Abortion is legal but not easily accessible in North Carolina
14 abortion clinics serve a state population of 10.4 million plus out-of-state patients.
91 North Carolina counties do not have an abortion provider, making access more challenging for abortion seekers in rural parts of the state since the clinics are concentrated in nine urban counties.
North Carolina is one of only a few states that require patients to wait 72 hours after state-mandated counseling (not required to be in-person) to obtain an abortion.
Medication abortion must be provided in person, making it less accessible than in other states.
State Medicaid coverage of abortion care is banned except in very limited circumstances, requiring greater reliance on financial aid from abortion funds like the Carolina Abortion Fund.
Information from Guttmacher Institute, a national organization that tracks reproductive rights issues and legislation.
On July 6, Cooper signed an executive order to help protect women’s access to reproductive health care in North Carolina. The order includes provisions shielding out-of-state abortion patients from extradition and prohibiting state agencies under his control from cooperating in other states’ prosecutions of anyone who travels to obtain or provide reproductive health care that is legal in North Carolina.
Democratic governors in other states such as Colorado, Maine and Rhode Island signed similar executive orders to protect abortion rights in their states.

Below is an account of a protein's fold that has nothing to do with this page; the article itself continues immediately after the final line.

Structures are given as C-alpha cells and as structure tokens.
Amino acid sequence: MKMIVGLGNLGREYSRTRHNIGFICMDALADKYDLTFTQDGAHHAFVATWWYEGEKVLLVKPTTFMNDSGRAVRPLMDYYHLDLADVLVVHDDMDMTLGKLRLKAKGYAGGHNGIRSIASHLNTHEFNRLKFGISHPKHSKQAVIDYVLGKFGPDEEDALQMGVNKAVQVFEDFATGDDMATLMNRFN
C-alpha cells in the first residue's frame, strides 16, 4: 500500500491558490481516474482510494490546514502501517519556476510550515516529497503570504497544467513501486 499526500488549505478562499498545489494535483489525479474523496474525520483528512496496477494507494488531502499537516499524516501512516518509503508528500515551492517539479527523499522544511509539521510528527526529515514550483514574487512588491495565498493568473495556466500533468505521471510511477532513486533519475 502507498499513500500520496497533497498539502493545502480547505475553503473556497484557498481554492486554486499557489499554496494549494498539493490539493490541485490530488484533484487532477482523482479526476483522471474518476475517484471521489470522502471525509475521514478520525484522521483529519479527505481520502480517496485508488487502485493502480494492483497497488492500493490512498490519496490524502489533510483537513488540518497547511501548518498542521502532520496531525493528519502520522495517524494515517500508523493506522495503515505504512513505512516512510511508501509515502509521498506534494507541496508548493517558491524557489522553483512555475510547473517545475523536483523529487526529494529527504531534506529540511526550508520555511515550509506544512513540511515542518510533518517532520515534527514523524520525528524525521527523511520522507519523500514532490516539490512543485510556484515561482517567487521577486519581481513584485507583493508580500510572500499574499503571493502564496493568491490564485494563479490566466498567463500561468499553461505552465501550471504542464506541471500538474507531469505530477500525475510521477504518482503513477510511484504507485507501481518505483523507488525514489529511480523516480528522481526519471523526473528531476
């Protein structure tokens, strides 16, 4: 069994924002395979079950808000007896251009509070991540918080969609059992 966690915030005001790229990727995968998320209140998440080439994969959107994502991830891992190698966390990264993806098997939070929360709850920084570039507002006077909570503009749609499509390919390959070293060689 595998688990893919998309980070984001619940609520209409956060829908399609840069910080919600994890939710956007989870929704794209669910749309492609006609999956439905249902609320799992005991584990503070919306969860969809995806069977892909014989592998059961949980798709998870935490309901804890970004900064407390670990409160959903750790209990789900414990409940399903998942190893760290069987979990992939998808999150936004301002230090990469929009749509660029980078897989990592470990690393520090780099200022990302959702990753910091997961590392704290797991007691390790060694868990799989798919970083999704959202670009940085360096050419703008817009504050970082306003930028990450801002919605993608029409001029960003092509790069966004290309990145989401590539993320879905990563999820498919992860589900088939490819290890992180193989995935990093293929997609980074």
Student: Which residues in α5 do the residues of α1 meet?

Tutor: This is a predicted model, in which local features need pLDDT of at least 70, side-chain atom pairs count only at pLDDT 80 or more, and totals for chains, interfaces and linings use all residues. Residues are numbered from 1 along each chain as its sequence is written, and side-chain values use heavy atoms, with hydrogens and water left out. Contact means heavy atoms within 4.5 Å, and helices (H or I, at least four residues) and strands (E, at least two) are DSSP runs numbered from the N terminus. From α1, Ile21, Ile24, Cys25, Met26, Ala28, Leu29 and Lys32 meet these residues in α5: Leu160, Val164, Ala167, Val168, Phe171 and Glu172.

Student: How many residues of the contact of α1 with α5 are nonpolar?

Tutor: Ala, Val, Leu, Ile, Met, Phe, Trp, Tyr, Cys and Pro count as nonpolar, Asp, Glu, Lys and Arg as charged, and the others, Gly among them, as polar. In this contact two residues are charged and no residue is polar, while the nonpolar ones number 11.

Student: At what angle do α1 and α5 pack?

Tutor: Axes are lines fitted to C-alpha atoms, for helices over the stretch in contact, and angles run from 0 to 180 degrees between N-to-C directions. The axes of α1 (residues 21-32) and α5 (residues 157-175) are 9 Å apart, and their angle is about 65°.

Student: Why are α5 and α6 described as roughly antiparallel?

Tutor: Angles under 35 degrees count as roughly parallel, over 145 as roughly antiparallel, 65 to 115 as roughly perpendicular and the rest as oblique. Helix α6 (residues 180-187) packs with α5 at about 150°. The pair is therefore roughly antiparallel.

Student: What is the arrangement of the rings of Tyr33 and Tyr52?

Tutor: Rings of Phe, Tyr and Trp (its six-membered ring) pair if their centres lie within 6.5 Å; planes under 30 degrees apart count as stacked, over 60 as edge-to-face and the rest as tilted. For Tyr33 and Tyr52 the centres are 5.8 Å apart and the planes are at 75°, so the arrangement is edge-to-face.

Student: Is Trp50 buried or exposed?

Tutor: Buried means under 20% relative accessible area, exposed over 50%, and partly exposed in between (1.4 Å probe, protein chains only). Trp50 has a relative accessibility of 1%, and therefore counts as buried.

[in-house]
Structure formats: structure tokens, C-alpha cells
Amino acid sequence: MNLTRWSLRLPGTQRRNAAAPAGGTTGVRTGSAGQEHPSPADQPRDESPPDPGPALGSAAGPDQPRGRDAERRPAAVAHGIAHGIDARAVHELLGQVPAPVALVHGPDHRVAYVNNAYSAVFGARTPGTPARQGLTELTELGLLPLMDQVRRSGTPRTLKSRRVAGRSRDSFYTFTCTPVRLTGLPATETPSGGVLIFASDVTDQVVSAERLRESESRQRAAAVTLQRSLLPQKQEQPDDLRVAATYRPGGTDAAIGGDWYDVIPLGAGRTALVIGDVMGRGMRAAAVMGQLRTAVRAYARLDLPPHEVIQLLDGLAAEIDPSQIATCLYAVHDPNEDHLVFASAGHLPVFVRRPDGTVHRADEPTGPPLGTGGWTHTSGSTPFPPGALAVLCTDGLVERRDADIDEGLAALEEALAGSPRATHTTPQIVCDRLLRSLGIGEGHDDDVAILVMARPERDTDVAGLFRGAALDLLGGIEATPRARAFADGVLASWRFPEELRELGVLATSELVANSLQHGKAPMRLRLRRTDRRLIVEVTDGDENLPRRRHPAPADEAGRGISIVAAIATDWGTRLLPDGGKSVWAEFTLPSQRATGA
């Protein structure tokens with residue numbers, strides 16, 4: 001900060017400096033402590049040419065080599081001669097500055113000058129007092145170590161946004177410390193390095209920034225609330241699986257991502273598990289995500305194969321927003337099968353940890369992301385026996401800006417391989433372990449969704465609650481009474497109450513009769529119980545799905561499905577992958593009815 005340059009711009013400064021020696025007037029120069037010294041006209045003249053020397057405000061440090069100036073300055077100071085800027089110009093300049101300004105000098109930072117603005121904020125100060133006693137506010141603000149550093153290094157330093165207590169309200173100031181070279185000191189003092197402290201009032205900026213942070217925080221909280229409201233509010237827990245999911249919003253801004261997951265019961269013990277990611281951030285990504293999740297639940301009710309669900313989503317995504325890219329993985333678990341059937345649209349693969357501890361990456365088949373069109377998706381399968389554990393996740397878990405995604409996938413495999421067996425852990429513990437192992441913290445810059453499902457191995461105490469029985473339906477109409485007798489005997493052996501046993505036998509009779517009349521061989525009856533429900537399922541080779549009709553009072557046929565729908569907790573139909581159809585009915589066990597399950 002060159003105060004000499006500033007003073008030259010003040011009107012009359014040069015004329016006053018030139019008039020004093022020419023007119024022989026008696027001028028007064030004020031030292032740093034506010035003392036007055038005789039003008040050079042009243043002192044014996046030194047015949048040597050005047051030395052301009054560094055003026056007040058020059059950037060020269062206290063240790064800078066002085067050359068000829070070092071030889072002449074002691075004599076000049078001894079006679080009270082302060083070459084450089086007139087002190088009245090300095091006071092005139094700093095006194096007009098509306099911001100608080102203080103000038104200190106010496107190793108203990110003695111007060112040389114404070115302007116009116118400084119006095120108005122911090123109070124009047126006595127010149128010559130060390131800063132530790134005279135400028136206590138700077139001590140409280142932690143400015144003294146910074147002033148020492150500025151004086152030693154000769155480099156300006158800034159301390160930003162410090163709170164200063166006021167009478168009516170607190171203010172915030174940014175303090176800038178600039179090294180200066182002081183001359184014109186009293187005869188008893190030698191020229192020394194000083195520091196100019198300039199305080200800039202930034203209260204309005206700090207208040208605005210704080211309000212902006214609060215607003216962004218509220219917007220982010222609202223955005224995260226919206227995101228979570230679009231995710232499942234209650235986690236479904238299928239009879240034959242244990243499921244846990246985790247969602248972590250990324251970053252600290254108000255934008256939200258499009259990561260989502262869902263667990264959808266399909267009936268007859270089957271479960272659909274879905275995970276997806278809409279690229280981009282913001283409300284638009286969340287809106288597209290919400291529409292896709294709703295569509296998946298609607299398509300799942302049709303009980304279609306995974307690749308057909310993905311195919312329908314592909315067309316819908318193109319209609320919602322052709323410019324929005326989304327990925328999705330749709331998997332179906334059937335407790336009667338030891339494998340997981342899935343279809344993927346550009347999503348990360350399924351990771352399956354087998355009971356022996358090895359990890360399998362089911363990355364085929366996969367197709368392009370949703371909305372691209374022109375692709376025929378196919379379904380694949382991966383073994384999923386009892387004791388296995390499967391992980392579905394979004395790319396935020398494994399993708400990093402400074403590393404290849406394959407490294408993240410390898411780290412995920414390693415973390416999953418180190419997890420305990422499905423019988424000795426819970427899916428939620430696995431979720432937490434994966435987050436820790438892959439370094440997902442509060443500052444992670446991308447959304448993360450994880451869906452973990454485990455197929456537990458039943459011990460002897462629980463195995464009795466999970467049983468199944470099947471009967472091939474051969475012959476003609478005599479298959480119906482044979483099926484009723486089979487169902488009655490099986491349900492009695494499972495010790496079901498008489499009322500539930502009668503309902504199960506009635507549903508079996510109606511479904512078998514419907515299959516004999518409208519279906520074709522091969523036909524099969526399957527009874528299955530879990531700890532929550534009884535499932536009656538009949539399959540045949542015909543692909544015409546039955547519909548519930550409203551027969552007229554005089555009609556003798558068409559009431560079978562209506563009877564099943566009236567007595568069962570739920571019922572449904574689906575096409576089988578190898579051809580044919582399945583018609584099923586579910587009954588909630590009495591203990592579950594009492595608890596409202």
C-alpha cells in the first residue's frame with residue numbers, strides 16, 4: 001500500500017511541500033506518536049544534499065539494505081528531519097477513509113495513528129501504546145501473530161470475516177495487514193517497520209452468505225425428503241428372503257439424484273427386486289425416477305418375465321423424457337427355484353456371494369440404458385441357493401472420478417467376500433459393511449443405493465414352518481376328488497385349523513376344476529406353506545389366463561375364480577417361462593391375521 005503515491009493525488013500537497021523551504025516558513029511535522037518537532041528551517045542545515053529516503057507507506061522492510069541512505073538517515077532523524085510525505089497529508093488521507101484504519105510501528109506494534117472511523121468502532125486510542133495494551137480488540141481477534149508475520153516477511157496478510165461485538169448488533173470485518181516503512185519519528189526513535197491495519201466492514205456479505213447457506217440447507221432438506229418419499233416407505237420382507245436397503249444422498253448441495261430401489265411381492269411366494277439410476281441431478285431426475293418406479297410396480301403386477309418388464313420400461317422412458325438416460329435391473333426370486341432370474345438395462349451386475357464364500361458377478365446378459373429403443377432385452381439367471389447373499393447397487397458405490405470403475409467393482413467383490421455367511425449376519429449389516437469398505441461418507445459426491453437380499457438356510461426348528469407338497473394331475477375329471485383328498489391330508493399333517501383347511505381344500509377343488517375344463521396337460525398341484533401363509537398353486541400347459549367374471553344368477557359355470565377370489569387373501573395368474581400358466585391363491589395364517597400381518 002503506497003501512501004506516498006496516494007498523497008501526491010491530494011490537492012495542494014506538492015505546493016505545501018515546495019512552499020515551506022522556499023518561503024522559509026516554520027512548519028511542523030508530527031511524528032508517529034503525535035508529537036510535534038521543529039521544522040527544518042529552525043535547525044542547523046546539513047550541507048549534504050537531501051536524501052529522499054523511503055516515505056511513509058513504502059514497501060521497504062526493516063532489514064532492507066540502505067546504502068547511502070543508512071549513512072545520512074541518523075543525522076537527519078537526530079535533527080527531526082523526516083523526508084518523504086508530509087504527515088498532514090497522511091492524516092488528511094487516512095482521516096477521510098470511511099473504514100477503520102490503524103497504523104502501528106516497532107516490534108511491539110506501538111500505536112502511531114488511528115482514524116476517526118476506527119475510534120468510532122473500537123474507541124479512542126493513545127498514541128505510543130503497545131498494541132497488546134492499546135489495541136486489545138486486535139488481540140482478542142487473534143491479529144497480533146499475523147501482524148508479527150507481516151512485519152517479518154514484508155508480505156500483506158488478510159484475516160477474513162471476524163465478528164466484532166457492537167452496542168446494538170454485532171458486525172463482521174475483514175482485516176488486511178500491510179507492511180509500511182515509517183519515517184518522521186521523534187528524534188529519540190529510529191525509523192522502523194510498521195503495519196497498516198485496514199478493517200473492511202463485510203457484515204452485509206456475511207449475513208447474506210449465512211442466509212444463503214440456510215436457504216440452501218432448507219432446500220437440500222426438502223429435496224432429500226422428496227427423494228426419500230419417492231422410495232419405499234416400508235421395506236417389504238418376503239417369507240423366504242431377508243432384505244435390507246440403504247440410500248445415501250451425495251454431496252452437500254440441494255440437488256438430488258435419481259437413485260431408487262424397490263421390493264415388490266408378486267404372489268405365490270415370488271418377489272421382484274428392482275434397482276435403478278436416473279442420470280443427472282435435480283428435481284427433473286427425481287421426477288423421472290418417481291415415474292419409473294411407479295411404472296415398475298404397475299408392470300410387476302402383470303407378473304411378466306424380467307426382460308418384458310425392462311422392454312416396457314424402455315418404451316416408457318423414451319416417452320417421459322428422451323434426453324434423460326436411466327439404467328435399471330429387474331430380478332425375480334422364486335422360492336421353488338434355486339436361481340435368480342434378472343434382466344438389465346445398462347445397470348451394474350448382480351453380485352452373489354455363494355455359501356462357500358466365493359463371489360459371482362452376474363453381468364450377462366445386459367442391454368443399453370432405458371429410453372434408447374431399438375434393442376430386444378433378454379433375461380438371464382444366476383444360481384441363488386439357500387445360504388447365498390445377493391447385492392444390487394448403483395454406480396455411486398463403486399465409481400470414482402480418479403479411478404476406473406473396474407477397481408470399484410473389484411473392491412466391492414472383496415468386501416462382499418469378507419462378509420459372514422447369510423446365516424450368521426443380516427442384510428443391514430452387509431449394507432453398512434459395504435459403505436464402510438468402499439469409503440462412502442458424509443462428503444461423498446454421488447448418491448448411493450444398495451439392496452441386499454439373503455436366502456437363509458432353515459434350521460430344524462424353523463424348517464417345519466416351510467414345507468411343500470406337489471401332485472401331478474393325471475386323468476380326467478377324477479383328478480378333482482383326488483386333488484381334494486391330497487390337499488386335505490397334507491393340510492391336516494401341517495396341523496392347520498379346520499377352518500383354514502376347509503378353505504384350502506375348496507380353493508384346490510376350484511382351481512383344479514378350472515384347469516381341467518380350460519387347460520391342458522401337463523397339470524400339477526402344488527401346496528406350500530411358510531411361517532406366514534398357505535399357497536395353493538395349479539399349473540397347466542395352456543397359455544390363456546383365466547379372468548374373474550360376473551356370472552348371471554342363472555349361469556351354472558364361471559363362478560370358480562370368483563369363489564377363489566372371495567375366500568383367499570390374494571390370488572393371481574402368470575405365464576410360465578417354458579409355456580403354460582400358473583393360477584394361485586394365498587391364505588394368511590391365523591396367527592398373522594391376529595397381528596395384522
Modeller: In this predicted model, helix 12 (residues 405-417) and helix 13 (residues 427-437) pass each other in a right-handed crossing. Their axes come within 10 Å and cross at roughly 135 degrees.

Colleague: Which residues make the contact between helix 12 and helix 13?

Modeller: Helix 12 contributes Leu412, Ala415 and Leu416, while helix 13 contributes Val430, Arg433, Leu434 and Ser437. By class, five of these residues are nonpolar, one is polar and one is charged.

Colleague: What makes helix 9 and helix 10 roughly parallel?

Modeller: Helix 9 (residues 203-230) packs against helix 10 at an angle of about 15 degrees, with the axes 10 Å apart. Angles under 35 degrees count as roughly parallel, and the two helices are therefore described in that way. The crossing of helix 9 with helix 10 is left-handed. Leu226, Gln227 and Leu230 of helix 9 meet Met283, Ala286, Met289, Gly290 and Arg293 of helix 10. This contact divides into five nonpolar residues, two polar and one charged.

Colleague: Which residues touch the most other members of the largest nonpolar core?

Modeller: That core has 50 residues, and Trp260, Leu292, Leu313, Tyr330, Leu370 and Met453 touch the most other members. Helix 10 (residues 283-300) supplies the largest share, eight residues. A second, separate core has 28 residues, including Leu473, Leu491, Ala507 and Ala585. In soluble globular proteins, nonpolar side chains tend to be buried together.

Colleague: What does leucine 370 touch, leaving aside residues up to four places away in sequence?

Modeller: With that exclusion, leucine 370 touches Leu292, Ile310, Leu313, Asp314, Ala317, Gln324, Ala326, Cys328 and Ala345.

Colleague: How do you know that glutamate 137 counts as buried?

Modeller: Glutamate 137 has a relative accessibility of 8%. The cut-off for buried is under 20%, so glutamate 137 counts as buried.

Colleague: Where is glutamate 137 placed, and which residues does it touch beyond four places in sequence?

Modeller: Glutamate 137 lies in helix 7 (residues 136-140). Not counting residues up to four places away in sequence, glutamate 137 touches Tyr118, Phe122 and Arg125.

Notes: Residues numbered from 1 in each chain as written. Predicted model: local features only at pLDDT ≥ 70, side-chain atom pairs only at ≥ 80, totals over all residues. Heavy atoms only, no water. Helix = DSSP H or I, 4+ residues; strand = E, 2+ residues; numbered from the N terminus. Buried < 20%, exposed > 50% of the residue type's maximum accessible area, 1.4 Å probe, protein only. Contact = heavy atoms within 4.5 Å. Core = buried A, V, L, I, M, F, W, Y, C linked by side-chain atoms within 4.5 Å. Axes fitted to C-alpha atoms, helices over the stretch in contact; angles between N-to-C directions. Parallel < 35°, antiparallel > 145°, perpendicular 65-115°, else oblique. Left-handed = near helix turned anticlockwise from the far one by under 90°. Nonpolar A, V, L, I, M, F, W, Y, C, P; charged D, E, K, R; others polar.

Abortion is on the ballot this fall
With abortion rights now in the hands of states, legislators will determine access to care. This is playing out across the country.
On Friday, Indiana became the first state post-Roe to pass a law banning most abortions. This will dramatically shift the state’s current rules, which allow abortions up to 20 weeks after fertilization.
Sen. Murdock called abortion the “issue of our time” during the People’s Alliance forum held last week and acknowledged it would be a key issue for voters this fall, as seen in Kansas.
Last week, Kansas voters decisively rejected a proposed constitutional amendment that would have said there was no right to an abortion in the state. The vote marked the first time Americans weighed in on abortion rights after the overturn of Roe v. Wade.
“We know that the right to abortion care in North Carolina is on the ballot this November and every election to come thereafter,” Stein said during a press conference last week.
This article first appeared on North Carolina Health News and is republished here under a Creative Commons license.